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Bourne without identity or supremacy


In a film about cover-ups, the tagline of this fourth Bourne picture – "There Was Never Just One" – could itself be justly accused of concealing a more prosaic truth: "We needed to cook something up once Matt Damon bailed on the franchise." If you've not seen any of the previous adventures of the rogue superagent Jason Bourne, you'll struggle to make sense of The Bourne Legacy. Even if you have seen them it will be a test of your recall and you'll probably find the law of diminishing returns exerting an irresistible pressure.

Bourne doesn't actually appear in this new instalment, but not because he's dead. In fact, it's the inability of the CIA to kill him off that has created a whole new set of problems for their Dirty Tricks Department. It seems there was a parallel top-secret programme of neuro-experimentation, known as Outcome, which produced a team of superhuman agents à la Bourne; they too have been hunted down and terminated, with one exception. This would be Aaron Cross (Jeremy Renner), whose macho credentials are established within 10 minutes: there he is, swimming bare-chested in the Alaskan wilderness by day and defending himself against wolves by night. He trips across mountain heights as nimbly as a goat, hears incoming drone missiles at a distance of miles and self-medicates in sub-zero temperatures. The franchise has a new director as well as star. Tony Gilroy, who had a hand in writing the first three movies, has taken over the hot seat from Paul Greengrass. Not an easy post to inherit, this, given the stunning hyperkinetic style in which Greengrass electrified the action of the second and third Bournes. On the other hand, with Damon's departure, Gilroy has been allowed to freshen up the cast. Where Bourne had David Strathairn as a foe, Cross is up against his former controller Byer (Edward Norton), a man so driven and steely he goes running in the rain in the small hours.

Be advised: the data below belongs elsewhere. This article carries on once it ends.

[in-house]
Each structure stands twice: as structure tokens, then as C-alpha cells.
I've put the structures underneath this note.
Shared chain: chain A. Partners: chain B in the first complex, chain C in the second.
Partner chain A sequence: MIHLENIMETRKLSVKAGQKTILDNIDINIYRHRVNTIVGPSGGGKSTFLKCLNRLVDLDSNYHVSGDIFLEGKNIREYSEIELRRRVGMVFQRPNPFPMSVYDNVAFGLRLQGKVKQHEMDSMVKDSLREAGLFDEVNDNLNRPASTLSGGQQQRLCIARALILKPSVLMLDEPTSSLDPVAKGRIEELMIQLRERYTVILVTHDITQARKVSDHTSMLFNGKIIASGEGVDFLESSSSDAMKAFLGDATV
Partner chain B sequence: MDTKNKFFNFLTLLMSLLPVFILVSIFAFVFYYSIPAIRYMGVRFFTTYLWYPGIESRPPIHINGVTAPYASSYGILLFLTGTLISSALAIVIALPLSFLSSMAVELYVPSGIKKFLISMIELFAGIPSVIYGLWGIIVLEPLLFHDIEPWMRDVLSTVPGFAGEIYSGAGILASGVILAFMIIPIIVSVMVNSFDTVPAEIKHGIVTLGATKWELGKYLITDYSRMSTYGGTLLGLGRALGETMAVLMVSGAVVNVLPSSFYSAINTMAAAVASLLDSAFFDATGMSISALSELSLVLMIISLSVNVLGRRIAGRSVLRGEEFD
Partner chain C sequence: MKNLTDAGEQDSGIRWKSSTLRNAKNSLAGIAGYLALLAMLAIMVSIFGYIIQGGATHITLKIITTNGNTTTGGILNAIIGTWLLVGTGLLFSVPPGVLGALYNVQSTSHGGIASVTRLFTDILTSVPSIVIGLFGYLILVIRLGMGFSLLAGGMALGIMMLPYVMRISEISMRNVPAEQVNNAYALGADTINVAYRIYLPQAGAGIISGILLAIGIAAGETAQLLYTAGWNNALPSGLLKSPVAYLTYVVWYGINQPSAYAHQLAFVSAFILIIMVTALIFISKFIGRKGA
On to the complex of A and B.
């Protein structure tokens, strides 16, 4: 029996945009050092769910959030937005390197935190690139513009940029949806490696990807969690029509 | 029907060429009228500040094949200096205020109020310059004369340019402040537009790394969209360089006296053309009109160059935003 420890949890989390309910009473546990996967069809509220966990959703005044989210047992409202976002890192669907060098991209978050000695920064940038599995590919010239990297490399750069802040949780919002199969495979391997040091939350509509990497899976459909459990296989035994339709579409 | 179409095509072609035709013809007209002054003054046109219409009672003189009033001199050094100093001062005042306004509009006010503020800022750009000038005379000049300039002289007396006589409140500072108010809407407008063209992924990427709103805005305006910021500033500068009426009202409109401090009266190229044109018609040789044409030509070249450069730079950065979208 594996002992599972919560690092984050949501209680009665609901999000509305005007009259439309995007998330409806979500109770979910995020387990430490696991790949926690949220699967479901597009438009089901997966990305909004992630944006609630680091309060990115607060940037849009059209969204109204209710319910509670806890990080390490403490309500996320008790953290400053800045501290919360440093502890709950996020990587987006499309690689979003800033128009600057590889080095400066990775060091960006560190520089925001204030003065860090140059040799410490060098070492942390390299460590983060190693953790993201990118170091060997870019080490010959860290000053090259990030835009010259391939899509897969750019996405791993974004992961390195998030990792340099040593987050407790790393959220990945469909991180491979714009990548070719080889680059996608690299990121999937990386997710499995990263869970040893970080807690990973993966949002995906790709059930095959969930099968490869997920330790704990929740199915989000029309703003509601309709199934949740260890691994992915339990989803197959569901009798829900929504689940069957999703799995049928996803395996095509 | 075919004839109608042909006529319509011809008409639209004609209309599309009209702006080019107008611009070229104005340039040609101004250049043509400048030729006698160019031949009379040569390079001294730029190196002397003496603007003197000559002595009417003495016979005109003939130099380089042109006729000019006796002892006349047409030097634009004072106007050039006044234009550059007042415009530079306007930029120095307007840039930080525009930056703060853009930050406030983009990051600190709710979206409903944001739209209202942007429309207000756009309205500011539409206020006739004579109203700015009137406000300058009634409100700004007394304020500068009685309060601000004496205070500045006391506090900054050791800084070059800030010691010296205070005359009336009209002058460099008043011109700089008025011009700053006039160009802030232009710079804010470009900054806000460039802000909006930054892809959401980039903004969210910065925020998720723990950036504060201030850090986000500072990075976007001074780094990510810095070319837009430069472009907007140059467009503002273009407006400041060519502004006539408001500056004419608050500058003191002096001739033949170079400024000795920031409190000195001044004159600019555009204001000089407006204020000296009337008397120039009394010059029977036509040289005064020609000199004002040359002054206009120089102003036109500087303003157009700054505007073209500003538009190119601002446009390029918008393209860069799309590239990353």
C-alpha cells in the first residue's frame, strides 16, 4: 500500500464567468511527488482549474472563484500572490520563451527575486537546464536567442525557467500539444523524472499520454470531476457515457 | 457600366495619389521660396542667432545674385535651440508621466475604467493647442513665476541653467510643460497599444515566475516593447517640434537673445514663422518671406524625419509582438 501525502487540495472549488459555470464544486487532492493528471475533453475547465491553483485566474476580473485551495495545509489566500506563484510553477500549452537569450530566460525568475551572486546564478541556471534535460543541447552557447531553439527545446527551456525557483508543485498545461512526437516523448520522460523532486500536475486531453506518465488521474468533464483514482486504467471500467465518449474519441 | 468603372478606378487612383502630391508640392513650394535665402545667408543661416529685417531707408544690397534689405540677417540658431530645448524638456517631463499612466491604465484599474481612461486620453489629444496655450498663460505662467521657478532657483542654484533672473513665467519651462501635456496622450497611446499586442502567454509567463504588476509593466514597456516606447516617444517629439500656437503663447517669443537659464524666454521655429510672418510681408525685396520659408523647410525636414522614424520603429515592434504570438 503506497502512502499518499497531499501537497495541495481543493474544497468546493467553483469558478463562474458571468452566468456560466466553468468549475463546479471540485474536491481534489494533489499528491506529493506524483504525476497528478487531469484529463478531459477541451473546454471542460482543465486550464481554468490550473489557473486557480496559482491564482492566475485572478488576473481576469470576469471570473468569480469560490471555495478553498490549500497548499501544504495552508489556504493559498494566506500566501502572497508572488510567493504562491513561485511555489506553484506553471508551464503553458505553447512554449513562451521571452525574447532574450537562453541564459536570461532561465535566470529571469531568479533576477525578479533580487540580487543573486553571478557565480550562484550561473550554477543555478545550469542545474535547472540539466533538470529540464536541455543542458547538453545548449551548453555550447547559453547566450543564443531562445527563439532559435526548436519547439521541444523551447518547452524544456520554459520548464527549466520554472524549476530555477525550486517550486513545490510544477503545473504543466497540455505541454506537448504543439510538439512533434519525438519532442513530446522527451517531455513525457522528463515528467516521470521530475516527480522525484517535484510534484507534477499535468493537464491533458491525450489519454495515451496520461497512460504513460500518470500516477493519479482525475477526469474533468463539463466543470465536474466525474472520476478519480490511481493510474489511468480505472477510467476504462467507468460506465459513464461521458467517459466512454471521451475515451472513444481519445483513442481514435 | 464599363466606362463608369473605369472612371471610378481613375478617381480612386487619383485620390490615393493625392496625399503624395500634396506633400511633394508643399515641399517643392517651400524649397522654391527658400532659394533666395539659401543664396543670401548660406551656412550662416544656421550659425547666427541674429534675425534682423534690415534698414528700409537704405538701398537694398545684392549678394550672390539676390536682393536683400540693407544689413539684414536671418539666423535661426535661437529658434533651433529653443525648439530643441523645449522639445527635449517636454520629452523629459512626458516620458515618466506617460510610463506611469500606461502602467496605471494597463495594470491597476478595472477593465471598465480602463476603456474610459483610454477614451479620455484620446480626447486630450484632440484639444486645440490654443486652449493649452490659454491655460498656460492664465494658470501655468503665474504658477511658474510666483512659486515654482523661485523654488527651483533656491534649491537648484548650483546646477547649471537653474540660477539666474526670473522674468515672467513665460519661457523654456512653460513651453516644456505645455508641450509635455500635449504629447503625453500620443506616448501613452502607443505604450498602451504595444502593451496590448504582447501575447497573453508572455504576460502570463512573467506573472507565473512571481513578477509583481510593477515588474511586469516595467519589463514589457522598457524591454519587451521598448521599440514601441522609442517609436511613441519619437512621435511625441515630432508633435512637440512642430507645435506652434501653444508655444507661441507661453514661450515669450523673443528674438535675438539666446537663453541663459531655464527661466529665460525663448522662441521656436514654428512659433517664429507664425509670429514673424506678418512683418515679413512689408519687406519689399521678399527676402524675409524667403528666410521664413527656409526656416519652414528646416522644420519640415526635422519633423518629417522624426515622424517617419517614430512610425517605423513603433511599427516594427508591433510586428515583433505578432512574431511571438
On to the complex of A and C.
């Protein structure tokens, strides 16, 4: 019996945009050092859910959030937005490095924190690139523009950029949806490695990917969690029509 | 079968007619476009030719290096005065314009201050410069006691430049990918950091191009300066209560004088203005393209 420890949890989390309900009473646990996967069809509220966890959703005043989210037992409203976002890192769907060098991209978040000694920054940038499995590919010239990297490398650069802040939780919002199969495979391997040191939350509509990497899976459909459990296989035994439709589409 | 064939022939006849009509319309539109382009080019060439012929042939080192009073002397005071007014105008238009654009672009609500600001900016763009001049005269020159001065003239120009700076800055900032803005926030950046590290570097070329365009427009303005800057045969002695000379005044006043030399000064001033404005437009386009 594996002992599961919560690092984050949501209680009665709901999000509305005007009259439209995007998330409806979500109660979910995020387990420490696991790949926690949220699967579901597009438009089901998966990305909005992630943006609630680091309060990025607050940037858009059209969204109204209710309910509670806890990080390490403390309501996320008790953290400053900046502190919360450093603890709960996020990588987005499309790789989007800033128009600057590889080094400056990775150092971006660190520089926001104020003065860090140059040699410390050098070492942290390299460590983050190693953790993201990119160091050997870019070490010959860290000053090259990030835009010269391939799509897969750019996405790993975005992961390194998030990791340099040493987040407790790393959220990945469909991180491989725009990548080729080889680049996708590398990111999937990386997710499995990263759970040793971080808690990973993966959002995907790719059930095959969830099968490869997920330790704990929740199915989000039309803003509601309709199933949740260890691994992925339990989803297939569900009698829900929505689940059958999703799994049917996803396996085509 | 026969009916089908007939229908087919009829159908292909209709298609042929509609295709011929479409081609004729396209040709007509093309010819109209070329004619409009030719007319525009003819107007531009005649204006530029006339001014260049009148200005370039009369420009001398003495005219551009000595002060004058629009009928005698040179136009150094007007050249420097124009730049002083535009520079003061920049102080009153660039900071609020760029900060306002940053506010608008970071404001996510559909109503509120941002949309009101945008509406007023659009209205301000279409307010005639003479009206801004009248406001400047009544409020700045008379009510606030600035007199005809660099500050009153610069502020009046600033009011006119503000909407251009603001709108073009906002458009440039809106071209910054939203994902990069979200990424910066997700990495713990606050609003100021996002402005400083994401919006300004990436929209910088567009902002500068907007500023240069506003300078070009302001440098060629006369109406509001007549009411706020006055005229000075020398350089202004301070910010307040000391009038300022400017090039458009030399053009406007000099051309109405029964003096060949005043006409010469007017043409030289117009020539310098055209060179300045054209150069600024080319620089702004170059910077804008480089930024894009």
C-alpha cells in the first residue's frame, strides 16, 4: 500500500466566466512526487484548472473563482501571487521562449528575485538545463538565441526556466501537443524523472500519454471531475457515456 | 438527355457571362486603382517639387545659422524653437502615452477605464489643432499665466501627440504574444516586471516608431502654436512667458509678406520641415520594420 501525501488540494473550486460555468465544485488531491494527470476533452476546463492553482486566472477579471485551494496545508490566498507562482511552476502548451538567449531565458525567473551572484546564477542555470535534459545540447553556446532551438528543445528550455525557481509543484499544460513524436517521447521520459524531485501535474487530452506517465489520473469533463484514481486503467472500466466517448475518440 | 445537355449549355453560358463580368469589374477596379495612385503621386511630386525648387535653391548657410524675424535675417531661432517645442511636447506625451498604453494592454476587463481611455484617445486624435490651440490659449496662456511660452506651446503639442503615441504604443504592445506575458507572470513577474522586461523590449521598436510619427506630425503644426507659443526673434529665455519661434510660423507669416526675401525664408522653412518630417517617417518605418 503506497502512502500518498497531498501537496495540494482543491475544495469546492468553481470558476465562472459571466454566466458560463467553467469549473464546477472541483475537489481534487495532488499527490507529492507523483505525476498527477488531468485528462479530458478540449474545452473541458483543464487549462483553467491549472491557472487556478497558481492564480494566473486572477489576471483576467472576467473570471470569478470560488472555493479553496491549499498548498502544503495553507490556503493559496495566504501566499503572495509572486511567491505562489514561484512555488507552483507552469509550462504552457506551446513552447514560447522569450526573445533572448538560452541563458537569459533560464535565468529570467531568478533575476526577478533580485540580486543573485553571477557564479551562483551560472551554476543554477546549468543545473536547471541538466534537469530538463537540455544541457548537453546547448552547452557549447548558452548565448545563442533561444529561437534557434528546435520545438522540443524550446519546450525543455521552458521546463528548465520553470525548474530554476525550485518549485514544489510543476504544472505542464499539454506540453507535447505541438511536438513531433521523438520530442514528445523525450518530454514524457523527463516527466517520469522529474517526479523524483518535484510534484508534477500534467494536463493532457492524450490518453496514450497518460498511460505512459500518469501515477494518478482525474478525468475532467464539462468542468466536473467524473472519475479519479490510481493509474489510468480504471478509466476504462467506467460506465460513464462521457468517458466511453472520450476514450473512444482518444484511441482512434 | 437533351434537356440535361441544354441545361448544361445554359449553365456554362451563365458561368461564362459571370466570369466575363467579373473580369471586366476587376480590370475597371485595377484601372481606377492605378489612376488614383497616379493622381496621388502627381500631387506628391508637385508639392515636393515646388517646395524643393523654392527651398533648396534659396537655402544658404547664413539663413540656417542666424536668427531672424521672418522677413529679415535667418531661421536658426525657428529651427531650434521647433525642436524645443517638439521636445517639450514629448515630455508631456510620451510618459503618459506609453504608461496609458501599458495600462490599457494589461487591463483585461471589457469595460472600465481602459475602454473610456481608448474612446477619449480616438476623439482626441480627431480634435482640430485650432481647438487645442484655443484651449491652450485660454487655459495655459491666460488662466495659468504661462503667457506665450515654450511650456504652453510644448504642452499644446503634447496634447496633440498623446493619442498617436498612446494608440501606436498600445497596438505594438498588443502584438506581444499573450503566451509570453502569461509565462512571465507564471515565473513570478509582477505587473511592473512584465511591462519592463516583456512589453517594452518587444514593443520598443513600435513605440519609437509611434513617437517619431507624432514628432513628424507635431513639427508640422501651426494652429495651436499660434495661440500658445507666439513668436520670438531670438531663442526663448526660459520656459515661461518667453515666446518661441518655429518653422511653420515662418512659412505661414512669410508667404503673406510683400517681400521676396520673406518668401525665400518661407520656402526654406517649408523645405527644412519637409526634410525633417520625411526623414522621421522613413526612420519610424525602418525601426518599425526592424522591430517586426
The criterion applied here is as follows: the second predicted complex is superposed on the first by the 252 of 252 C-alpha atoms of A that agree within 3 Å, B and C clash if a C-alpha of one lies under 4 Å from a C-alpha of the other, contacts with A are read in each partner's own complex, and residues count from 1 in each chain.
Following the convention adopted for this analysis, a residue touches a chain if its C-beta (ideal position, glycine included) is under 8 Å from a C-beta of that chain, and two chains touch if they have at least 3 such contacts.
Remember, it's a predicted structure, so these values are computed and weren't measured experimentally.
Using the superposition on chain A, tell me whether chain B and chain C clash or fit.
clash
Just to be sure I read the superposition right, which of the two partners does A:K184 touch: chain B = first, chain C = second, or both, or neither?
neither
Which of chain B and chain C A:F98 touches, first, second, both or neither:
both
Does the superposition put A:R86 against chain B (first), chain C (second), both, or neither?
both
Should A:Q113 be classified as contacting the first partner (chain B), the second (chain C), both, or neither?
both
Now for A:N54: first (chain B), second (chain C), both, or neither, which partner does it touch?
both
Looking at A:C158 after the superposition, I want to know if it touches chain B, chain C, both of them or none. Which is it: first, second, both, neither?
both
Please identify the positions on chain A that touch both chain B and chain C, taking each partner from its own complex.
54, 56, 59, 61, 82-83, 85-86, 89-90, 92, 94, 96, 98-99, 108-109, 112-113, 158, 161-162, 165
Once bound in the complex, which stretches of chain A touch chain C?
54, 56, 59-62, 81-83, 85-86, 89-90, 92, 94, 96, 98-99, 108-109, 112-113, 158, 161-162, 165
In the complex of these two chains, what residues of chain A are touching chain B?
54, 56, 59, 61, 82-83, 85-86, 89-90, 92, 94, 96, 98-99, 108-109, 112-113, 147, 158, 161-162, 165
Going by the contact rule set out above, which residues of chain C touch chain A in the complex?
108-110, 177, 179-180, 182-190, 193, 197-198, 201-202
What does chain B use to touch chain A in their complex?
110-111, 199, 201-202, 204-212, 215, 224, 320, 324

A flashback to the single encounter between the two finds Byer explaining away an unspecified CIA-backed atrocity to Cross: "We are morally indefensible, and absolutely necessary." It's basically the spooks' charter. Byer it is who has decided that the Outcome programme has been "infected" and needs to be shut down, meaning: all operatives must be liquidated, pronto.

And, because there must be a woman to act as the hero's wingman, Rachel Weisz steps in as Dr Marta Shearing, a government research scientist who's got tangled up in the conspiracy. She understands the medical intricacies involved in Cross's brainwashing and furthermore knows where to find the "chems" that will set his brain right again.

Weisz does a neat job, though by the end she's not required for much more than looking terrified and hanging onto his coat-tails. Renner takes to the central role with assurance, stocky and athletic, less pretty than Damon, but more humorous and believable, perhaps on account of a carry-over from his fatalistic bomb-disposal expert in The Hurt Locker. For all Gilroy's supercompetent handling, however, there remains an air of redundancy about this picture. Back in 2007, when Greengrass made The Bourne Ultimatum, he practically reduced the spy thriller to a near-abstract level of tautness. The series credibly traced the way Bourne's confusion and loss of identity turned to rage, and then retribution. Here, that drama has been squashed into a package at once overlong and underexplained. If the makers have any sense they will close the franchise down – but I wouldn't bet on it.